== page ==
Styrofoam: It’s Effects On Us And Our
Rec & Environmental Quality
Professor: Pamela Heise
By: Shannon Graham
& Sabrena Csizmadi
What is Styrofoam?
• It was invented in 1938, It’s generic name is Polystyrene.
• It is petroleum-based plastic made from the styrene monomer.
• Dow Chemical is it’s creator; the one who brought us zip lock bags and bleach.
• It has excellent insulating properties that keep hot products hot and cold products
cold much longer than disposable paper cups and boxes.
• Styrofoam is one of the first modern pollutants that is considered a necessity of
everyday commerce and agriculture.
• It pollutes us and the earth, but these effects are not perceptible unless you visit a
landfill or a polluted riverfront or beach front.
• Styrofoam has many useful purposes, but the consequences of its use should be
• Mississauga, Ontario in Canada had a Styrofoam recycling plant
from 1991-2008, was owned and operated by Canadian
Polystyrene Recycling Association (CPRA). Forced to close
• Our nation averages 547, 945 tons of garbage per day and
Styrofoam products makes up 0.25% this equals 1,369 tons.
• It costs the one recycling entity $3,320 per ton, Styrofoam waste
takes up 25-30% of our nations land fill space.
• U.S. Environmental Protection Agency says “That of the 3 million tons of polystyrene
produced in the U.S., 2.3 million tons end up in landfills, with much of the remainder
finding its way into waterways.”
• French ministry of ecology and sustainable development, “more than 14 million
tons of polystyrene are produced every year around the world”.
• North Americans throw away 60 billion cups, 20 billion eating utensils and 25 billion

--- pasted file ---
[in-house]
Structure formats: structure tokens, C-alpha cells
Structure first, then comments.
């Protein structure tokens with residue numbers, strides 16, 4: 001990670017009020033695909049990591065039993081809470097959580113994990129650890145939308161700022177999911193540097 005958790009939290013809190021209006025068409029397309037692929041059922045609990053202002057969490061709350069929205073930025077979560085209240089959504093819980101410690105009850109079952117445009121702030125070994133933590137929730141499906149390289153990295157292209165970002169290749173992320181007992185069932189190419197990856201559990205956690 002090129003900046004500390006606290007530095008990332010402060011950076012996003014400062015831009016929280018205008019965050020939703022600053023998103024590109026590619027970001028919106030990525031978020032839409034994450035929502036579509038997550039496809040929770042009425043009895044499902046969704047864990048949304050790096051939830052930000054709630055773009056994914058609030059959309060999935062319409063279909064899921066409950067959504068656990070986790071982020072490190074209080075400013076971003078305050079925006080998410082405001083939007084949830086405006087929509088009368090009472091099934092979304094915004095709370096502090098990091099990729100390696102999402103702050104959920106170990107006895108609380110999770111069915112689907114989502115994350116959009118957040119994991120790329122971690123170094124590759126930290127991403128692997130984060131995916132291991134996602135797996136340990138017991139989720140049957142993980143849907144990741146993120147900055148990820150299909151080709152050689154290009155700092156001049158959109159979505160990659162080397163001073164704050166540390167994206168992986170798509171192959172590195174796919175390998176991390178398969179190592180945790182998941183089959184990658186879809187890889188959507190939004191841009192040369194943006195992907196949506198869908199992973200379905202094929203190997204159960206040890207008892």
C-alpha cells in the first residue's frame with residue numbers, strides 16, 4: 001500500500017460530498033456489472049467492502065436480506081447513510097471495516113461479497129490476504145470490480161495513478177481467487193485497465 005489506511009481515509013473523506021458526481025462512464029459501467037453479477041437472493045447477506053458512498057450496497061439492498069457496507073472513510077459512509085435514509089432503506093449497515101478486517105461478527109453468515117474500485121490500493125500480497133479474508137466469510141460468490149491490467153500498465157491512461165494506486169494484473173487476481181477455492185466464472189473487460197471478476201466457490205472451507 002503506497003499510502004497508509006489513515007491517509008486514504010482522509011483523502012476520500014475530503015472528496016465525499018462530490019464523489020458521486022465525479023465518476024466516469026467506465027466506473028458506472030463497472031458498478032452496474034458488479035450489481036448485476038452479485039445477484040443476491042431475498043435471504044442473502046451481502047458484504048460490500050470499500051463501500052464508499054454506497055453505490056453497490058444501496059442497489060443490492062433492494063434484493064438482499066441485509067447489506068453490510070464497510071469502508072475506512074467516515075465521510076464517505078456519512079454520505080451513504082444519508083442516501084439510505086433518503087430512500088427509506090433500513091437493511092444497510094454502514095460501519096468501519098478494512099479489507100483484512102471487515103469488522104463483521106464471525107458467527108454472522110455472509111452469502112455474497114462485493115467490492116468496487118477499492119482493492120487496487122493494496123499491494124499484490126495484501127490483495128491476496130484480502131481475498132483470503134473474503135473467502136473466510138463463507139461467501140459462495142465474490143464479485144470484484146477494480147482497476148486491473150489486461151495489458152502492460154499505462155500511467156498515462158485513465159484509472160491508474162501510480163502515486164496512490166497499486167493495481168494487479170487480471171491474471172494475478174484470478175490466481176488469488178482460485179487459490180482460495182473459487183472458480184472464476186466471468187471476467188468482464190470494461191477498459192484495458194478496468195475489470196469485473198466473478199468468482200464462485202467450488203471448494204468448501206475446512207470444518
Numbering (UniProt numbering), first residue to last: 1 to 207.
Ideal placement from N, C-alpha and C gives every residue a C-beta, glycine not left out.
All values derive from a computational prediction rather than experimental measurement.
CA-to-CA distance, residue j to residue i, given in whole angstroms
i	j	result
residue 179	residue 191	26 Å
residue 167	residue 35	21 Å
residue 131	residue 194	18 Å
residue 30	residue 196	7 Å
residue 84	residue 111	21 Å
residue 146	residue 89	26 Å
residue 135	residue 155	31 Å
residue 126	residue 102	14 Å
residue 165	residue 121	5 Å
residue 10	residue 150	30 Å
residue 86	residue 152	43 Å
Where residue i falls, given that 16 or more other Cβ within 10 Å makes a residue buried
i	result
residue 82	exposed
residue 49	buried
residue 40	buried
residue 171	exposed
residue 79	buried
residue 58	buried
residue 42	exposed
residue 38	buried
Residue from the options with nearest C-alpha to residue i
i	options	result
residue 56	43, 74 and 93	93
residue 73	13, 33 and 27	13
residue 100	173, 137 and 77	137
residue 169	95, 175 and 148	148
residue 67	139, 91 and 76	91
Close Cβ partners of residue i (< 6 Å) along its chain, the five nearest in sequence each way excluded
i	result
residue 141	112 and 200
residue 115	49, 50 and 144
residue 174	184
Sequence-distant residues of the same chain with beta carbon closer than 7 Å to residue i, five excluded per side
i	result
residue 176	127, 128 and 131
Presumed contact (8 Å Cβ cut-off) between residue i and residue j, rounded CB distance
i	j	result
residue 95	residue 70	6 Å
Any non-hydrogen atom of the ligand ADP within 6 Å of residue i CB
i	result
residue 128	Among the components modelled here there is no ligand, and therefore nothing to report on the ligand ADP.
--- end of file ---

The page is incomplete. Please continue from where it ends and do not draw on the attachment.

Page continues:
Styrofoam plates year. It is said that landfill mass could be reduced by 30% if society
took biodegradable options seriously.
• About 30 municipalities in California and 14 cities from San Francisco to Portland,
Oragon have ban Styrofoam to date.
How does it effect our
• Farmers rely on Styrofoam to protect
their produce, meat and eggs from
bruising, breaking and rotting during its
travels to the grocery stores.
• Styrofoam protects and preserves
• Some people even prefer it for
• It ends up in our landfills eventually
breaking down creating greenhouse
• Grocery stores like Loblaw's use
Styrofoam trays to place meat, eggs
and vegetables on.
• The more people who become aware
of the dangers of Styrofoam packaged
foods, the less these brands who use
Styrofoam will be purchased.
How does it effect our
• In 1991 the Louisiana Agricultural
Experiment Station detected volatile
styrene monomers in shell eggs
stored in Styrofoam
• Egg dishes cooked with these
contaminated eggs contained seven
times more benzene and styrene
• It is suspected that the volatile
compounds can migrate through the
porous shells into the edible portions
of the eggs.
• Styrofoam is convenient packaging
for farmers products, but in the end
its piling up in the landfills and
running off into surrounding waters
and farm lands causing a negative
effect to live stocks and crops.
Styrofoam and our Environment:
• When Styrofoam sits in landfills, it captures water causing garbage to soak until it’s a soup
• You can recycle Styrofoam, like you can plastic, but it is difficult to do
• Styrofoam is generally not recycled but is just thrown into landfills and new Styrofoam is
produced to meet demands.
• Due to cost of recycling polystyrene and the lack of value in it at this time there is little
infrastructure in place to recycle the large amounts of polystyrene created annually.